With only days before the deadline, McConnell and Minority Leader Harry ReidHarry Mason ReidMajor overhauls needed to ensure a violent revolution remains fictional Senate heads home to campaign after deal on Trump nominees GOP has always been aggressive in trying to weaponize the system of judicial nominations MORE (D-Nev.) traded blame Monday for the failure to act well ahead of the deadline.

McConnell said Democrats are trying to force “unnecessary crises” by blocking the Senate from taking up spending bills; Reid said the scramble to pass legislation is “another Republican-manufactured showdown."

An attempt by Sen. Rob PortmanRobert (Rob) Jones PortmanElection Countdown: O'Rourke brings in massive M haul | Deal on judges lets senators return to the trail | Hurricane puts Florida candidates in the spotlight | Adelson spending big to save GOP in midterms How Kavanaugh got the votes  Collins to support Kavanaugh, securing enough votes for confirmation MORE to offer an amendment was blocked by his Republican colleagues. The Ohio Republican wanted to include an amendment that would create automatic short-term funding bills based on the previous years spending levels if Congress didn't pass legislation by the Oct. 1 deadline.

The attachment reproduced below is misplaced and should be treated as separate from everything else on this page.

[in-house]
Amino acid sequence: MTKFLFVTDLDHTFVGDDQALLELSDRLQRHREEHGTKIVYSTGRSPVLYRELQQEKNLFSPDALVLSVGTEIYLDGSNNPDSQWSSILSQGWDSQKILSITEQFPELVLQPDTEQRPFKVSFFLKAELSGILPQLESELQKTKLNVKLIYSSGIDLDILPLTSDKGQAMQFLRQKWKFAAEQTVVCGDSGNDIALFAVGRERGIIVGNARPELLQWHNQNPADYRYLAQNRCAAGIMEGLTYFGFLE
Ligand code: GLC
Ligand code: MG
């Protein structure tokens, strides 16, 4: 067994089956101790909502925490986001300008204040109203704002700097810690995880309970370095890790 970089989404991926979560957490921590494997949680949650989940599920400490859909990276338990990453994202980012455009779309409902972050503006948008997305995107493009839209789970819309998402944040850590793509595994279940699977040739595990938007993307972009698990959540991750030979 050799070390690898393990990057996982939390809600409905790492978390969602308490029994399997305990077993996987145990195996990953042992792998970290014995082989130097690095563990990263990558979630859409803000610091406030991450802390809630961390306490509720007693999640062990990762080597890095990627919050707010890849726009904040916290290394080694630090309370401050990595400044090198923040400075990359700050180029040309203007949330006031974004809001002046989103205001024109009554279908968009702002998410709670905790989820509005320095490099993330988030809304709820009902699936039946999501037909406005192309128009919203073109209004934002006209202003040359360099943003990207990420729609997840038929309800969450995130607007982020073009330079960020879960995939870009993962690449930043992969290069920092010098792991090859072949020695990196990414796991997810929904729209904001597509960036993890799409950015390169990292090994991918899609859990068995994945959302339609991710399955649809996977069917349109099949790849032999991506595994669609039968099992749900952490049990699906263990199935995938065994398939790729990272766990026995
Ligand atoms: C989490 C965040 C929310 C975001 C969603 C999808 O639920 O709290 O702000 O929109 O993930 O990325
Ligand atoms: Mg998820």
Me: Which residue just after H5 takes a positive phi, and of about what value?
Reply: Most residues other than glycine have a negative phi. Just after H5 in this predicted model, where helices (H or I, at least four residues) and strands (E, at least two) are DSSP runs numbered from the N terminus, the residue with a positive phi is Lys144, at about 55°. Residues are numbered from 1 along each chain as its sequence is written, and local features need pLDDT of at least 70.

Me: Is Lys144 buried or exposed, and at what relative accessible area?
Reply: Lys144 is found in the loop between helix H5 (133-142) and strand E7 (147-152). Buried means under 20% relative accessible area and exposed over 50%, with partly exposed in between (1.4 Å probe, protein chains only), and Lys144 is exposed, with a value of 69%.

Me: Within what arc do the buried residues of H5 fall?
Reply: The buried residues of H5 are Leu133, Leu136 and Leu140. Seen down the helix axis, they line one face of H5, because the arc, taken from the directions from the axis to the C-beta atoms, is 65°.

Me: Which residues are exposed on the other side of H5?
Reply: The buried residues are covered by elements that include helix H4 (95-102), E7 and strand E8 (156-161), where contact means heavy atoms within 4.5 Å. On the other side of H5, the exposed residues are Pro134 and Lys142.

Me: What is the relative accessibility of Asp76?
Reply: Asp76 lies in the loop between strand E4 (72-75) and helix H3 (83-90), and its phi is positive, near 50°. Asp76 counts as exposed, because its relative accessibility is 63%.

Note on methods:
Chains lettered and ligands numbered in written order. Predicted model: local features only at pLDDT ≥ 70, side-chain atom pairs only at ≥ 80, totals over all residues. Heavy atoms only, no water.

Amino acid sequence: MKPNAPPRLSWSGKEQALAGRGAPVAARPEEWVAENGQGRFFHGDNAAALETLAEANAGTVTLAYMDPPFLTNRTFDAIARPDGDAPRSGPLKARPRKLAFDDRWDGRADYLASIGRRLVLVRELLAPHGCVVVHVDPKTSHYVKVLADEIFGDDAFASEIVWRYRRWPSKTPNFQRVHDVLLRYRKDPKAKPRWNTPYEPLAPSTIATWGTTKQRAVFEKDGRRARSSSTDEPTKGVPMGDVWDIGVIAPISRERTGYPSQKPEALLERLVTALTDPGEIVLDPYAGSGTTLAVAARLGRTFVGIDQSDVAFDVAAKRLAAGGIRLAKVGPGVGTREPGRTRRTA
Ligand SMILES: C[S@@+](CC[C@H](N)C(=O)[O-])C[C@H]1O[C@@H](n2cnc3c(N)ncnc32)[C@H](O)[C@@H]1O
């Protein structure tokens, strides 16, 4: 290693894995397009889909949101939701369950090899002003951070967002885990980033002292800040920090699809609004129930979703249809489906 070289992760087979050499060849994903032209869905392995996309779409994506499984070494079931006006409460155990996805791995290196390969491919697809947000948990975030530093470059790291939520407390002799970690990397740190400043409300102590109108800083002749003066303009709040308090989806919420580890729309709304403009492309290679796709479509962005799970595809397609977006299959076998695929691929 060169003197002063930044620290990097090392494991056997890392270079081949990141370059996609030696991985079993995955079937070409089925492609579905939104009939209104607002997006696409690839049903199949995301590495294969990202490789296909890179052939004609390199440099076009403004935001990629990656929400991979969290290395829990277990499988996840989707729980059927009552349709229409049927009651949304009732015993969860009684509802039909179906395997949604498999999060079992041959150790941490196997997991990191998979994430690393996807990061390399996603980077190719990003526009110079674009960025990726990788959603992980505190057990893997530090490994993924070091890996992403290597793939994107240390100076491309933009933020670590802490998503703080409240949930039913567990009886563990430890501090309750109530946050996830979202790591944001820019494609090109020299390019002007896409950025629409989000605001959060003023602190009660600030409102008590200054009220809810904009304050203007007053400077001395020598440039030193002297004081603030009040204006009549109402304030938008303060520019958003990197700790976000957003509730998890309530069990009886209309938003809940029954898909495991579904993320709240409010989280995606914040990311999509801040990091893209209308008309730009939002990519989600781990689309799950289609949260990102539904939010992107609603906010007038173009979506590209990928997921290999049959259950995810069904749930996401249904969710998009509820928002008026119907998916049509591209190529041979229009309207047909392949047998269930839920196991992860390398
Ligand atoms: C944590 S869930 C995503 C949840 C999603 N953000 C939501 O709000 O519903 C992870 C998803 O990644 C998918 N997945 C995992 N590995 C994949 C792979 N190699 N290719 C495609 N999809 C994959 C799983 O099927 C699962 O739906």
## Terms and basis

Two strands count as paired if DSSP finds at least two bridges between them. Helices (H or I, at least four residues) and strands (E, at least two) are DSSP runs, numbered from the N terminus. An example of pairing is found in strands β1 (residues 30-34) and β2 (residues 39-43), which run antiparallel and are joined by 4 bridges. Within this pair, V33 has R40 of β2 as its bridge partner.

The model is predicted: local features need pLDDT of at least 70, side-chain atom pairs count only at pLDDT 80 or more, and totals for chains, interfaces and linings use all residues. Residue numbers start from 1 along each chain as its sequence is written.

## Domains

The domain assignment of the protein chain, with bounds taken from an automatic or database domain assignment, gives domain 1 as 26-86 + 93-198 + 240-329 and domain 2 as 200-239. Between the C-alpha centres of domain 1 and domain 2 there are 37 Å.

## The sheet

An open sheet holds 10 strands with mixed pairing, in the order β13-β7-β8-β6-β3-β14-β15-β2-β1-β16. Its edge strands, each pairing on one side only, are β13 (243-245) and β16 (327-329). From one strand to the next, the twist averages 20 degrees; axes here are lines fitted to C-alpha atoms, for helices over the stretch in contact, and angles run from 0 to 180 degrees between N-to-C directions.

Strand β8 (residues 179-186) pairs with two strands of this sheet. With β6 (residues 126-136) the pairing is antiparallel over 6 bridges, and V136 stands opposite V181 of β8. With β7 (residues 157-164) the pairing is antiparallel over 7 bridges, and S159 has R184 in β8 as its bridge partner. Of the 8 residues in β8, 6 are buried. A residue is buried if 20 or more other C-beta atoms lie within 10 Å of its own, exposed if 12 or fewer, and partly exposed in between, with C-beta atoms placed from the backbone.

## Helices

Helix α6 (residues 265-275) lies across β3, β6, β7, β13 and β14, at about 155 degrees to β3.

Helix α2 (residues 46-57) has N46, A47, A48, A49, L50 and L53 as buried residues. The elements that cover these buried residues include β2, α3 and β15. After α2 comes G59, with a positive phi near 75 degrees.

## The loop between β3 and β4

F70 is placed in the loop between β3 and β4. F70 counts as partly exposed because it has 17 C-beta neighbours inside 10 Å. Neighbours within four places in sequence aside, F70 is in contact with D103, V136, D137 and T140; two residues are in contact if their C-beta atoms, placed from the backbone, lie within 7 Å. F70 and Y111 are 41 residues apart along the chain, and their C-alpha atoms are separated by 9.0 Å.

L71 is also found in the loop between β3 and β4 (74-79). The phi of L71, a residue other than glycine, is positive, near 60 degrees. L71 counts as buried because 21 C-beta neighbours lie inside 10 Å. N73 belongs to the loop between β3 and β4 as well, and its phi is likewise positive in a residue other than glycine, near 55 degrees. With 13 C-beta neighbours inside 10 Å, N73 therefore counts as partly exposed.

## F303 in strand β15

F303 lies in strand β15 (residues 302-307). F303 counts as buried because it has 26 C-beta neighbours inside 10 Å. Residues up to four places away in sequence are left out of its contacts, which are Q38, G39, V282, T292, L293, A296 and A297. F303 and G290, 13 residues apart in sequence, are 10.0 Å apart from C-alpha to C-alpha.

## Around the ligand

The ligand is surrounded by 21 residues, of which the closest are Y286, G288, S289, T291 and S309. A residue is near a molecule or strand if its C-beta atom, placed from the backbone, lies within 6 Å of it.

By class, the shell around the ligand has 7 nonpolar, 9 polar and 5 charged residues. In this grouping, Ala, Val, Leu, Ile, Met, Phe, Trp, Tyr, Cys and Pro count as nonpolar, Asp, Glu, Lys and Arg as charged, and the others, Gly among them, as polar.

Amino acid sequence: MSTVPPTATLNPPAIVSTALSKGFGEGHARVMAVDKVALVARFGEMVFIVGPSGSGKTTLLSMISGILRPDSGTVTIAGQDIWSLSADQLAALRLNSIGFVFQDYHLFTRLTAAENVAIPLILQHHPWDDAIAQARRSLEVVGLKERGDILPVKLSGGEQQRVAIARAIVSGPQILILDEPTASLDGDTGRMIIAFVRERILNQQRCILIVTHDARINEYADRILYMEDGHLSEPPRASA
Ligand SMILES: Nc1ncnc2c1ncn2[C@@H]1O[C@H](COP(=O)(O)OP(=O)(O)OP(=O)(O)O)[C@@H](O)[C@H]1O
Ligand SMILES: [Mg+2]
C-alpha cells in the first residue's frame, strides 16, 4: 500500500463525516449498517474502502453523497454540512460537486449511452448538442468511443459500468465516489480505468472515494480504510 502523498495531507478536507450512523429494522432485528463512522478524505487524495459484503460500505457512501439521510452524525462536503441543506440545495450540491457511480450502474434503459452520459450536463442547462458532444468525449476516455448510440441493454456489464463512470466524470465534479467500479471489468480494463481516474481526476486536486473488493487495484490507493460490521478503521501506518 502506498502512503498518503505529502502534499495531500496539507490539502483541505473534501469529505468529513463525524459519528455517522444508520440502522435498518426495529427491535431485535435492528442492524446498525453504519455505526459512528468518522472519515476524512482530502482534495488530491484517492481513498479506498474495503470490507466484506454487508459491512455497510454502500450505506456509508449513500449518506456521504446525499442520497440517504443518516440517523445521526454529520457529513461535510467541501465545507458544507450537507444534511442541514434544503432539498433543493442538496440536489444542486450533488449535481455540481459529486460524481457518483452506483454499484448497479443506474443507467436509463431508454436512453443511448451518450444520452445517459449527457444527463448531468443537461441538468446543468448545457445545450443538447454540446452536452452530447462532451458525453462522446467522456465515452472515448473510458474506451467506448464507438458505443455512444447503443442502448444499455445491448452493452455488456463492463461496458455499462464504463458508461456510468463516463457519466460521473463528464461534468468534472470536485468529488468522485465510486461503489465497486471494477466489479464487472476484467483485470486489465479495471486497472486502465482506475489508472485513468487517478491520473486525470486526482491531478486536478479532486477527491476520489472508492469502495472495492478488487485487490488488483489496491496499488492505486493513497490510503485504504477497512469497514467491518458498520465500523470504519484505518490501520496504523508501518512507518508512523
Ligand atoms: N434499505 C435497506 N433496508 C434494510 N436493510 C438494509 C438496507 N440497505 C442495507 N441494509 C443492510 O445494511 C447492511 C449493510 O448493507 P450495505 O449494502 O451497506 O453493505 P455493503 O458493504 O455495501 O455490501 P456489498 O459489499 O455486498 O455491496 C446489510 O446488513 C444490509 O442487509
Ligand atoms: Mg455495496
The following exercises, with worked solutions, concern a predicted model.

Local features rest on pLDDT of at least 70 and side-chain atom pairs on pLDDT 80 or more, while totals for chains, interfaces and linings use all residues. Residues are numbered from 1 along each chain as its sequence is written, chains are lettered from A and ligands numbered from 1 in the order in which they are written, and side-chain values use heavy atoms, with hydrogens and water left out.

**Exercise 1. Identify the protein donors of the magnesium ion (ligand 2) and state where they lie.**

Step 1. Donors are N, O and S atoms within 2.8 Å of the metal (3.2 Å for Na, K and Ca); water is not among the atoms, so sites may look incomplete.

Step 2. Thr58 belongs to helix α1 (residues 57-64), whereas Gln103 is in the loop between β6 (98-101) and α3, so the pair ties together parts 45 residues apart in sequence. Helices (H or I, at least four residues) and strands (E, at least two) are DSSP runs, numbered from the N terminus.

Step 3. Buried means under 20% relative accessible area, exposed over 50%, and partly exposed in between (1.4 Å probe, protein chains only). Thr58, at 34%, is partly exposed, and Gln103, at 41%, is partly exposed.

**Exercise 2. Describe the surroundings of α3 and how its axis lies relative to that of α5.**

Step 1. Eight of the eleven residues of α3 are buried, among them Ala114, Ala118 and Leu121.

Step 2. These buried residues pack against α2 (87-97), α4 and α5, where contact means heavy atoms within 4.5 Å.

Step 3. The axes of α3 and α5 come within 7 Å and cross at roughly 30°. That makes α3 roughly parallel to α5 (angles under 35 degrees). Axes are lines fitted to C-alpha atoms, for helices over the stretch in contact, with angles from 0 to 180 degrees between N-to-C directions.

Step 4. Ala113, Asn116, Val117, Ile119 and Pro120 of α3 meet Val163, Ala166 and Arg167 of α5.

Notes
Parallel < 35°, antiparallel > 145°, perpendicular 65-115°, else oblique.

Sen. Thad CochranWilliam (Thad) Thad CochranThe Hill's Morning Report — Kavanaugh ordeal thrusts FBI into new political jam GOP Senate candidate to African Americans: Stop begging for 'government scraps' Trump endorses Hyde-Smith in Mississippi Senate race MORE (R-Miss.), the chairman of the Appropriations Committee, said that Portman's amendment would say that "not only is the power of the Senate suspended and put on hold, but the obligations of the committee system are put under threat." 
 

With a short-term spending bill expected to pass the Senate and then the House, Democrats are renewing their push to get Republicans to negotiate a longer bill that would roll back congressionally mandated budget caps on defense and non-defense spending.

“It’s time for those bipartisan budget negotiations. It’s beyond time. Now is the time for Congress to act responsibly,” Durbin said.